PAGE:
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Applying a gender analysis

By Ollivier Girard/CIFOR, under a CC LicenseThe International Labour Organisation (ILO) recommendation on social protection floors sets a global framework for social protection aimed at alleviating poverty, inequality, vulnerability and social exclusion. Social protection floors are nationally defined sets of basic social security guarantees across a life cycle that include universal access to essential healthcare, basic income security through cash or in kind transfers and quality basic services. Social protection programmes should apply the principles of non-discrimination and gender equality in their design and implementation. Yet in order to do so, the notion of social protection in the context of women’s multiple responsibilities as care providers, paid and unpaid workers must be revisited.

The development of social security systems in the 20th century is premised on the dominant male breadwinner model as evident in the ILO Convention on social security from 1952. Women can access social security only if they are directly employed, or benefit from men’s social security as their dependent. Underlying this assumption is that women are primarily responsible for unpaid care and domestic work in the home and men are the breadwinners employed in the formal sector. As unpaid care providers women do not have a right to social security. Second, with the persistent growth of the informal sector, fewer workers make contributions to social insurance schemes to cover their parental leave and protect them against unemployment, ill-health, and disability. Social protection programmes must consider women’s generally lower labour participation rates, more frequent breaks in employment due to childcare and elder care needs, higher prevalence of part-time and informal work due to their care responsibilities and lower earnings due to discrimination within the labour market. As women are disproportionately represented amongst low paid formal and informal workers they are less able to participate in contributory social insurance schemes. Therefore, social assistance through cash or in-kind transfers and public employment programmes become an important component of any social protection floor that aims to enable women’s economic empowerment.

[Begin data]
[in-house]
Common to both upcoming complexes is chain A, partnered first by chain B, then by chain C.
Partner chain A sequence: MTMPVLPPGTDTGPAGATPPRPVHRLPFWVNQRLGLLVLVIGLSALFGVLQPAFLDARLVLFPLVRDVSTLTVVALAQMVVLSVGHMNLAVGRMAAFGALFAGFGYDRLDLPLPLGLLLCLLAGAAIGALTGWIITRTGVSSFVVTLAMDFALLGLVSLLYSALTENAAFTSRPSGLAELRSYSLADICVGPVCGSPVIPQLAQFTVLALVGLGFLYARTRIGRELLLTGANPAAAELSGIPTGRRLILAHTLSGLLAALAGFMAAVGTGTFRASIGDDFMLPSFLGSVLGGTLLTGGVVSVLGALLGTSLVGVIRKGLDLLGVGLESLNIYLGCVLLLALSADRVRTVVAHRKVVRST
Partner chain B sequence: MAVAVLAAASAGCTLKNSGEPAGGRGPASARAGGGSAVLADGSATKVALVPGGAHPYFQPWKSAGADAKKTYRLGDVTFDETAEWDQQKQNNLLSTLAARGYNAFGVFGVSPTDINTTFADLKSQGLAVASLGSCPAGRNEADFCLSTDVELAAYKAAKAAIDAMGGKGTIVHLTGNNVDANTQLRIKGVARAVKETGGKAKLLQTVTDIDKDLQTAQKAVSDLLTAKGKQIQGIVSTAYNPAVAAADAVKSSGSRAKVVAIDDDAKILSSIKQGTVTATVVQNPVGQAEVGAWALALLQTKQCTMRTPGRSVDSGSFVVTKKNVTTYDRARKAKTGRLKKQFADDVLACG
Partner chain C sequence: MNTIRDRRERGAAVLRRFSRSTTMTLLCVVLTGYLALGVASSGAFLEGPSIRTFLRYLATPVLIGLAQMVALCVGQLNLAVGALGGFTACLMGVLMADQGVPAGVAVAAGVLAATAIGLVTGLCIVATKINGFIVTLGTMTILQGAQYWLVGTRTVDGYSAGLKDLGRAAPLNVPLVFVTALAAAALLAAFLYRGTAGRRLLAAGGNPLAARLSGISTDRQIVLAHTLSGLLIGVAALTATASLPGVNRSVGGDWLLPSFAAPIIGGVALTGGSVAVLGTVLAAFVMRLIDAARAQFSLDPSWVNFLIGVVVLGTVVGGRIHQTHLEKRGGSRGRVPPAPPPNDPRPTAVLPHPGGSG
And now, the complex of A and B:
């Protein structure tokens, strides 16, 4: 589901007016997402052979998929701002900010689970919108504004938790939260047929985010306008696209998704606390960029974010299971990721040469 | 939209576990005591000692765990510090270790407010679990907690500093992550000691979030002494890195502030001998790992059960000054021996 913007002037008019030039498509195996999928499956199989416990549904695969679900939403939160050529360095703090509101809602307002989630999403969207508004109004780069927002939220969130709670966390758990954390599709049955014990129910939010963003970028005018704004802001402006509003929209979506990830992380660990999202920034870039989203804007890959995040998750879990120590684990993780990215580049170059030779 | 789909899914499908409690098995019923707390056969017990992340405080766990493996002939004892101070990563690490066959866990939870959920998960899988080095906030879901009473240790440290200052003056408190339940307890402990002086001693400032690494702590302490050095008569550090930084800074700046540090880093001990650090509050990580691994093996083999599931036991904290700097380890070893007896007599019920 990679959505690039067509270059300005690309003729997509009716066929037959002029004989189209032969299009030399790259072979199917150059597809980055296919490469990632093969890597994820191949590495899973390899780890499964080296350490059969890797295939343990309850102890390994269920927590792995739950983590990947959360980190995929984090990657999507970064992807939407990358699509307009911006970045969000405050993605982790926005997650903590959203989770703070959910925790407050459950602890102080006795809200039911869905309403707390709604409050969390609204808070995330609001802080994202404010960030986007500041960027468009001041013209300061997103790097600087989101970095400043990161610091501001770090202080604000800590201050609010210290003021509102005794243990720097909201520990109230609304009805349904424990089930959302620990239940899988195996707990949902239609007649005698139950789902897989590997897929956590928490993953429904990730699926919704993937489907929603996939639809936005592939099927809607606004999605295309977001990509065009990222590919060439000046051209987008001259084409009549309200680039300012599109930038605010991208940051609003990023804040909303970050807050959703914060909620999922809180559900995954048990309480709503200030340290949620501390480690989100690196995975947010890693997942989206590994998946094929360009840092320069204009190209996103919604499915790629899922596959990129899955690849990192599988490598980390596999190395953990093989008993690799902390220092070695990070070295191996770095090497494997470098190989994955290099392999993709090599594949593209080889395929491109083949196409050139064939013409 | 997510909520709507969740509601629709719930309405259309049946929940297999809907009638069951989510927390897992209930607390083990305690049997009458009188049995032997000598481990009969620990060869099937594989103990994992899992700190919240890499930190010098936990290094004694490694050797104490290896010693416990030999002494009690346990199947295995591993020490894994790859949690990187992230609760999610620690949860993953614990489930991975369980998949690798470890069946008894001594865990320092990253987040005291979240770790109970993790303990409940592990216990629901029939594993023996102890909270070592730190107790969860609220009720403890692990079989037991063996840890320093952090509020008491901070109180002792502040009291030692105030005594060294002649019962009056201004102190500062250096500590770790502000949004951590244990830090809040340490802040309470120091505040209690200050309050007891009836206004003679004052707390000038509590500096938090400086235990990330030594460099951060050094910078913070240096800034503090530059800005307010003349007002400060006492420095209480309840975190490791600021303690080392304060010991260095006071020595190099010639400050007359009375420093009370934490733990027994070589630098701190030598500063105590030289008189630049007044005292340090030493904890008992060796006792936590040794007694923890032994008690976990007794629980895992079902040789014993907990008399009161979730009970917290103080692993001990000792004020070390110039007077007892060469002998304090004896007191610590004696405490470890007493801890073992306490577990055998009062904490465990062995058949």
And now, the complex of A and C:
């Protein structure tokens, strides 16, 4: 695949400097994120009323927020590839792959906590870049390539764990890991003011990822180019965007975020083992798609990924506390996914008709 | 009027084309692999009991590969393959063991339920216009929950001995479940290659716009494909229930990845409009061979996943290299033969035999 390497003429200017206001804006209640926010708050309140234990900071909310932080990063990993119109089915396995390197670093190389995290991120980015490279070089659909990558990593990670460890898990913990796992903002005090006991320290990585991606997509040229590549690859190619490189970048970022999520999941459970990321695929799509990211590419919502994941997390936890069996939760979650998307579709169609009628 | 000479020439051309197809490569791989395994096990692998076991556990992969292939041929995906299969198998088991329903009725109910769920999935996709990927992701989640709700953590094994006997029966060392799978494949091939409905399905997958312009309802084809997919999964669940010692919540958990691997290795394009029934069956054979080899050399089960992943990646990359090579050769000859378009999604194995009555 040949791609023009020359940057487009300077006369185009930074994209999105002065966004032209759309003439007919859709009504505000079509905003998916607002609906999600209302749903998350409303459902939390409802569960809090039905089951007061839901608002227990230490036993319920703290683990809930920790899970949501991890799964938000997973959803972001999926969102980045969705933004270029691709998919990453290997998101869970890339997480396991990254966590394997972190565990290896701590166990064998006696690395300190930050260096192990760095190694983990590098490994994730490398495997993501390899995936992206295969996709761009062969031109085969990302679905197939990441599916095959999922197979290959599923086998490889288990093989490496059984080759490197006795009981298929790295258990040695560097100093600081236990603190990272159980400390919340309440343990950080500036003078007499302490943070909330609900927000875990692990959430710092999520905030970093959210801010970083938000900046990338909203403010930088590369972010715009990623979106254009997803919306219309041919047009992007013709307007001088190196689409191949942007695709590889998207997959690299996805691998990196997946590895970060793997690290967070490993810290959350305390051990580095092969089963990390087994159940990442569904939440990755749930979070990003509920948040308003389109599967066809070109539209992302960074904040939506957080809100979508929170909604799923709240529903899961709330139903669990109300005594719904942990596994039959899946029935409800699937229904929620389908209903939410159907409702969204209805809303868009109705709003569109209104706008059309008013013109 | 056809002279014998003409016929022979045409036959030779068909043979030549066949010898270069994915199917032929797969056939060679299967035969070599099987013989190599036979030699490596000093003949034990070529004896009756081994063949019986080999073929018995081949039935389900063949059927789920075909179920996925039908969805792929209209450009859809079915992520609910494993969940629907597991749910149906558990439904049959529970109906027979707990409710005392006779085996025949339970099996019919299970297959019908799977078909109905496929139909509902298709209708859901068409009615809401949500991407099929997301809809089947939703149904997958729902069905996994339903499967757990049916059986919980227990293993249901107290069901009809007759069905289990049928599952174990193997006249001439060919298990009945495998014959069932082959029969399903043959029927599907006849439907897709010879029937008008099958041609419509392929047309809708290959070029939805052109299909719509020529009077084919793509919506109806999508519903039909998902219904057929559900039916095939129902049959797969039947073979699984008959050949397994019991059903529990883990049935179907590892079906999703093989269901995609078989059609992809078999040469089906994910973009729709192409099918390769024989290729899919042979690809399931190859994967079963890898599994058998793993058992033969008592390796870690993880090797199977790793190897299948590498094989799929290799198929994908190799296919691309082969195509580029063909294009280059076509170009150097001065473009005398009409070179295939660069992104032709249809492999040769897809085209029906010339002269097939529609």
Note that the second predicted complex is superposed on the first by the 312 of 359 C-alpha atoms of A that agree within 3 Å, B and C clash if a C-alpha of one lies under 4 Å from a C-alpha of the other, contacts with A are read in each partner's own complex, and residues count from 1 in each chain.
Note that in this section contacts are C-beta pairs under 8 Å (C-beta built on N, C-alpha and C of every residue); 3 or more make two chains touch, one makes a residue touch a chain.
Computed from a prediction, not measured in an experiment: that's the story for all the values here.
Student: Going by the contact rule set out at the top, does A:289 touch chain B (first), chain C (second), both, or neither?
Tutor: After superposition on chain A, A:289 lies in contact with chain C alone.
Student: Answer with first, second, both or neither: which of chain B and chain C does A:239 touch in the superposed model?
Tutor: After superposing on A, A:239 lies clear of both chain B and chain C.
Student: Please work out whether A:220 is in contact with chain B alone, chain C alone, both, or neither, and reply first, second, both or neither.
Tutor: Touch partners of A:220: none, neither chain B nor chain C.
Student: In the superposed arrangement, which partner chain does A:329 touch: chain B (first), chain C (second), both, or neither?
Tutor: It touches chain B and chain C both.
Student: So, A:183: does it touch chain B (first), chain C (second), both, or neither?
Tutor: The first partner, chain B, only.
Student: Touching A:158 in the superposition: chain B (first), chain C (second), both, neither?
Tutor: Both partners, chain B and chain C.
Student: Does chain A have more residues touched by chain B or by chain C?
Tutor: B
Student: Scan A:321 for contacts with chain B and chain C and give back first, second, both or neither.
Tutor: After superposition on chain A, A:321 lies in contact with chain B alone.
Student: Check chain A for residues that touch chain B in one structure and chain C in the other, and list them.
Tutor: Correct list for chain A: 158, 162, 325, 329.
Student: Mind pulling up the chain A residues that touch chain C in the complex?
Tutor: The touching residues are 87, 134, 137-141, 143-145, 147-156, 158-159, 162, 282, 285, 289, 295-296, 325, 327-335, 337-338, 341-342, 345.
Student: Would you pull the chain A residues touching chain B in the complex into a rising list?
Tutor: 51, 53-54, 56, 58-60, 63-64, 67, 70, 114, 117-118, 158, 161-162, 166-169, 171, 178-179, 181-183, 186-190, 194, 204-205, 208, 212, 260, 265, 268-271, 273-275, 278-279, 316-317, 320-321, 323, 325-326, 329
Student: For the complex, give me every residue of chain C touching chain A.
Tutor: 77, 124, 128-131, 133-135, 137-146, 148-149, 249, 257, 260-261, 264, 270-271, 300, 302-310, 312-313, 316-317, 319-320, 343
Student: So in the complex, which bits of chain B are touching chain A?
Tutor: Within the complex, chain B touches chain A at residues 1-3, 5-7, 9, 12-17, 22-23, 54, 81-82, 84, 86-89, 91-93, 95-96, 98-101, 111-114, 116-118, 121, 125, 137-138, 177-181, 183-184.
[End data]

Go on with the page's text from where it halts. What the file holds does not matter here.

Social protection programmes that use a gender and care sensitive perspective have the potential to go further than fulfilling women’s and girls’ practical needs and instead catalyse a change in power relations. The collection of resources included here provide an analysis of how to design social protection policies so that they can contribute towards women’s economic empowerment. A common recommendation across these different resources is the need to increase coverage and strengthen systems towards universal rights-based social protection programmes so as to avoid the gender discrimination and exclusion that are inevitable through means-tested programmes. Resources in other sections within this guide also highlight examples of social protection programmes targeted at specific groups of women to promote their economic empowerment. Targeted and means-tested social protection programmes can also be improved to integrate a gender and care sensitive perspective. However, they do not replace the need for universal social protection programmes. Further resources are also available on the ILO Social Protection Platform and on the UN Social Protection and Human Rights website.

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